According to the DSWD respondents, there is no difference in the approach and the support programs for those who were internally vs. internationally trafficked, except that in the latter case, the coordination of agencies has a transnational dimension. In destination countries where the DSWD has deployed Social Welfare Attaches, the attaches provide assistance in the identification of victims of trafficking. As such, the needs and situations of trafficking victims can be duly taken into account in assisting them while they are overseas and in coordinating services for them upon their return to the Philippines.

When asked whether gender is a consideration in the delivery of programs and services, key informants from the DSWD responded that the agency’s programs are for women and men alike. However, women are more likely to seek assistance or to be assisted than men. The shelters also accommodate men and boys who are trafficked.[21]

Assessment of Reintegration Programs: Findings from Research

A number of studies have looked into the reintegration programs for trafficking victims in the Philippines (e.g., Go, 2012; ILO-ROAP, 2009; IJM Cebu, n.d.). The International Justice Mission­Cebu’s experience with Project Lantern, a three-year project aimed at reducing the availability of women and children for sexual exploitation in Metro Cebu, offers insights on what happens to victims-survivors through time. During the three-year project (2007­2010), IJM­Cebu social workers monitored and reviewed the status of the 94 victims-survivors rescued by law enforcers. IJM­Cebu coordinated with DSWD­‐Region 7 and social workers of other NGOs in the provision of medical care, counseling and case management services. Two years after their rescue, 58 (61.7%) had not been trafficked, 15 (16%) had been re-trafficked, and the status of the remaining 21 (22.3%) had not been confirmed (p. 8). Project Lantern also developed an Economic Self­‐Sufficiency and Project to increase opportunities for self-sufficiency for trafficking survivors. The project involved assessing existing community services related to economic self-sufficiency and reintegration, identification of target industries most likely to provide employment to former trafficking victims, funding job skills training by a local after care provide, developing a Job Readiness Training Course, upgrading DSWD­Region 7’s vocational training program, and entering agreements with business partners for job placement. In 2009­2010, 42 trafficking survivors completed the Job Readiness Training Course, and 16 were successfully placed with local business partners (p. 9).

Based on interviews with 59 women who had been trafficked (30 Filipino women and 29 Thai women), the ILO­ROAP study (2009) sheds some light on life after trafficking. The findings of the study question the common notion of reintegration – in the sense of returning to her former community – to rebuild her life. Based on what the women shared, the findings suggest that rather than reintegration, a more appropriate goal would be to recover a woman’s ability to make decisions about her life. Having lost autonomy and control as a trafficked person, goal after trafficking should not be limited to returning home, but more about integration, i.e., regaining autonomy and control and making informed decisions about her life (ILO­ROAP, 2009:78). The importance of a holistic approach to support trafficking survivors was stressed.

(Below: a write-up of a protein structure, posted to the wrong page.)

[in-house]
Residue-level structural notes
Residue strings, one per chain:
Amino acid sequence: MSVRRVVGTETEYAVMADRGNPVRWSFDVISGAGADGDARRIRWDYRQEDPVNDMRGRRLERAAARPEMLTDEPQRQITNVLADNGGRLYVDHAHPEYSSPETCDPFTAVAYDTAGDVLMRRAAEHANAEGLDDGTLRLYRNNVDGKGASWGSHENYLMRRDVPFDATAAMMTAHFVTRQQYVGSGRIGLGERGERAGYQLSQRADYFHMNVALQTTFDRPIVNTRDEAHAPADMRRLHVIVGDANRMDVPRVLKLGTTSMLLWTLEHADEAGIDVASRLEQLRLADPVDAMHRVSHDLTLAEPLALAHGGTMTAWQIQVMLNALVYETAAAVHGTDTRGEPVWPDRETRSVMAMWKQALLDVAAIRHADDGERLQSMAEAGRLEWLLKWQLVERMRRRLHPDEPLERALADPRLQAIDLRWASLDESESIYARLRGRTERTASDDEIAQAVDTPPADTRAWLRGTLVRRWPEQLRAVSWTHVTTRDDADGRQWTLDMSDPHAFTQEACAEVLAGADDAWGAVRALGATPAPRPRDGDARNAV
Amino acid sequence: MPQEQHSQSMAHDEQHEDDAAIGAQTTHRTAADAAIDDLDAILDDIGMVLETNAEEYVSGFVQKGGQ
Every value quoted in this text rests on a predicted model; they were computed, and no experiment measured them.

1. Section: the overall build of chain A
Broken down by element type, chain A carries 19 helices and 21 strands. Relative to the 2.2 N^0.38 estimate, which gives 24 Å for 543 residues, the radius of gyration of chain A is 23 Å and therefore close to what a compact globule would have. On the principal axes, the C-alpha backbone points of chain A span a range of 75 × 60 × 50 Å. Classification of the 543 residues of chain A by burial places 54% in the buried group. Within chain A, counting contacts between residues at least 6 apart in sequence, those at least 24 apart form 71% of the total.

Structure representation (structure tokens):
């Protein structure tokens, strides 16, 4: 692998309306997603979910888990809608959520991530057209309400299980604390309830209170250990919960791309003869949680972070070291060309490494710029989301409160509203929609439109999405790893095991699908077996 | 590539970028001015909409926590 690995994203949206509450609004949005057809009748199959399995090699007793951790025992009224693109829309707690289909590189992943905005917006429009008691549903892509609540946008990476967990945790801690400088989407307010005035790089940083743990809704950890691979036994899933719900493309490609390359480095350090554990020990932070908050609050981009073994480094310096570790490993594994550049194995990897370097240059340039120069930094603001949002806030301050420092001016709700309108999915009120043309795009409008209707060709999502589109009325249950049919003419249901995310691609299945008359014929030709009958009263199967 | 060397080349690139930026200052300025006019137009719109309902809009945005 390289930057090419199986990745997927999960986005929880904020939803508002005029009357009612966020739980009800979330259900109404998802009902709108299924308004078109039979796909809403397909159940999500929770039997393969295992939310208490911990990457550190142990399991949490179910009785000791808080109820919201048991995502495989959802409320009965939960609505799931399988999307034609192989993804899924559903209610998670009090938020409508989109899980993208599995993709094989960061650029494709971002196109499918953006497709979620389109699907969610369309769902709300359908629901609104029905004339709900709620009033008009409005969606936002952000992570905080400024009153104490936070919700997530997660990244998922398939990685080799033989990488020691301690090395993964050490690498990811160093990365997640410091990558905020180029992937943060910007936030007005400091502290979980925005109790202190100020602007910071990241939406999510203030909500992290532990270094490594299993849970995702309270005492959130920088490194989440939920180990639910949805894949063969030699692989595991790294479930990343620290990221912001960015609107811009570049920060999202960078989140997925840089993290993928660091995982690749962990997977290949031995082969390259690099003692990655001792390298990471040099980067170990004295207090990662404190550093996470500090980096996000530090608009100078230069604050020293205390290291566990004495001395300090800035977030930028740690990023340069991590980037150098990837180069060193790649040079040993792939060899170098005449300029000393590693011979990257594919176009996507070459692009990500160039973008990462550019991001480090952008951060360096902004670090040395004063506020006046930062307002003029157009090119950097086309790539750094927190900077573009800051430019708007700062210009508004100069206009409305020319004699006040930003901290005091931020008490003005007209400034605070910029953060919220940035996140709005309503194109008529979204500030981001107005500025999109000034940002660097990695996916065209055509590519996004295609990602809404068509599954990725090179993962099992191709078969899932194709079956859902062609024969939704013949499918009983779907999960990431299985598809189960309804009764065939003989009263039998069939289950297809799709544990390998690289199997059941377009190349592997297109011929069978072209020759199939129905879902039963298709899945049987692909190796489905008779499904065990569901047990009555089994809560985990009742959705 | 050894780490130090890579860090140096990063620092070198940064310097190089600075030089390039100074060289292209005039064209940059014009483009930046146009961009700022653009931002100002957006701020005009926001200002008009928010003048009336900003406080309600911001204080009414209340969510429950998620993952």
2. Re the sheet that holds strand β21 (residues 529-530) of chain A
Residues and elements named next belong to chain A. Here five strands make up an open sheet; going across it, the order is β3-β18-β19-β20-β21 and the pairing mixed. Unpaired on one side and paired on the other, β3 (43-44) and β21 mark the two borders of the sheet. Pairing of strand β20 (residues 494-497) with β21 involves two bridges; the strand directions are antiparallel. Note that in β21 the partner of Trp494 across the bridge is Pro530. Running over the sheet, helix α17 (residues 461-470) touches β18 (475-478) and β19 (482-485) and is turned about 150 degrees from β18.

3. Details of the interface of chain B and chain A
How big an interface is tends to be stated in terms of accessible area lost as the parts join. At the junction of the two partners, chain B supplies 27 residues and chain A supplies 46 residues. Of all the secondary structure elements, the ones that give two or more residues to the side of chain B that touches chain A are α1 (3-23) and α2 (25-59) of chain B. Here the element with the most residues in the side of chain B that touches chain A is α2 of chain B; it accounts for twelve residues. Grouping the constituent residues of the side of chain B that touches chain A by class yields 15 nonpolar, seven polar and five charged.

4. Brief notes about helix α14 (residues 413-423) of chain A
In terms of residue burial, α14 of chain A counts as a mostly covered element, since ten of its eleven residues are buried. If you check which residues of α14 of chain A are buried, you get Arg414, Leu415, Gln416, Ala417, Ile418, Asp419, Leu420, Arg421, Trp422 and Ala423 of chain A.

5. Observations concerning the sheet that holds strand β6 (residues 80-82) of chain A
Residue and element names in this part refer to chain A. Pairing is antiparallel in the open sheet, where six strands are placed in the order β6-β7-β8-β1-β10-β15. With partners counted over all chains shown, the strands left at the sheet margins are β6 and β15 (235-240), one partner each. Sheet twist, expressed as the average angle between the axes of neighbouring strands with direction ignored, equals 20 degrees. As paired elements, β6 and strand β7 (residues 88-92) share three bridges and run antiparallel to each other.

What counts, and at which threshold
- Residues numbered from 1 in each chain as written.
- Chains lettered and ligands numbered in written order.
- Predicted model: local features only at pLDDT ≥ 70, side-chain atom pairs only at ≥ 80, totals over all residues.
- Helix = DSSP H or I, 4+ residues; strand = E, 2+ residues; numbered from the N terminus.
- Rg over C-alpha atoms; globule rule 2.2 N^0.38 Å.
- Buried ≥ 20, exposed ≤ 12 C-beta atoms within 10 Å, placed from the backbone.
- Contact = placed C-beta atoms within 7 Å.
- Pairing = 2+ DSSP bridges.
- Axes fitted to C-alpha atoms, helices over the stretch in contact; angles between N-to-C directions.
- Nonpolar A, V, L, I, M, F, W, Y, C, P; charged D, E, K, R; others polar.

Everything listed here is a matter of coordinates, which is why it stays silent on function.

The recommendations by the various US TIP reports to enhance support services to trafficking victims have implications for DSWD’s coordination and implementation of reintegration programs and services: increasing support services for victims nationwide (US TIP Report 2011), further improving the tracking, identification and monitoring of Filipino trafficking victims abroad (US TIP Report 2013, 2012, 2011), expand the use of victim processing centers to more localities to improve identification of trafficking victims for victims to ensure that they are given assistance (US TIP Report 2013), increase victim shelter resources and expand the government shelter system to help more victims, including male victims (US TIP 2014, 2013)

Recovery, Return and Reintegration Programs: Stakeholders’ Views

The views of key informants from government and civil society organizations were sought to know how they see recovery, reintegration and return programs in the country. With the exception of one key informant, the rest considered recovery, reintegration and return programs as needing further improvement. One respondent shared that their organization is strengthening the aftercare component of their work to complete the package of programs that they had already implemented, i.e., capacitating local governments in anti­‐trafficking work and support to strengthen the criminal justice system. Another respondent strongly felt that reintegration programs that should receive more attention and support from the government. Given the unmet needs of many trafficking victims, she would like to see the government committing more funds to reintegration programs.

It is noteworthy that the DSWD holds an annual assessment of the Recovery and Reintegration of Trafficked Persons Program. According to one key informant, most of the issues that emerge in the annual assessment are administrative matters. The yearly accomplishment report of the Recovery and Reintegration Program for Trafficked Persons also provide a summary of activities implemented, service statistics, and some assessment of the facilitating and constraining factors. The availability of funds is an important facilitating factor.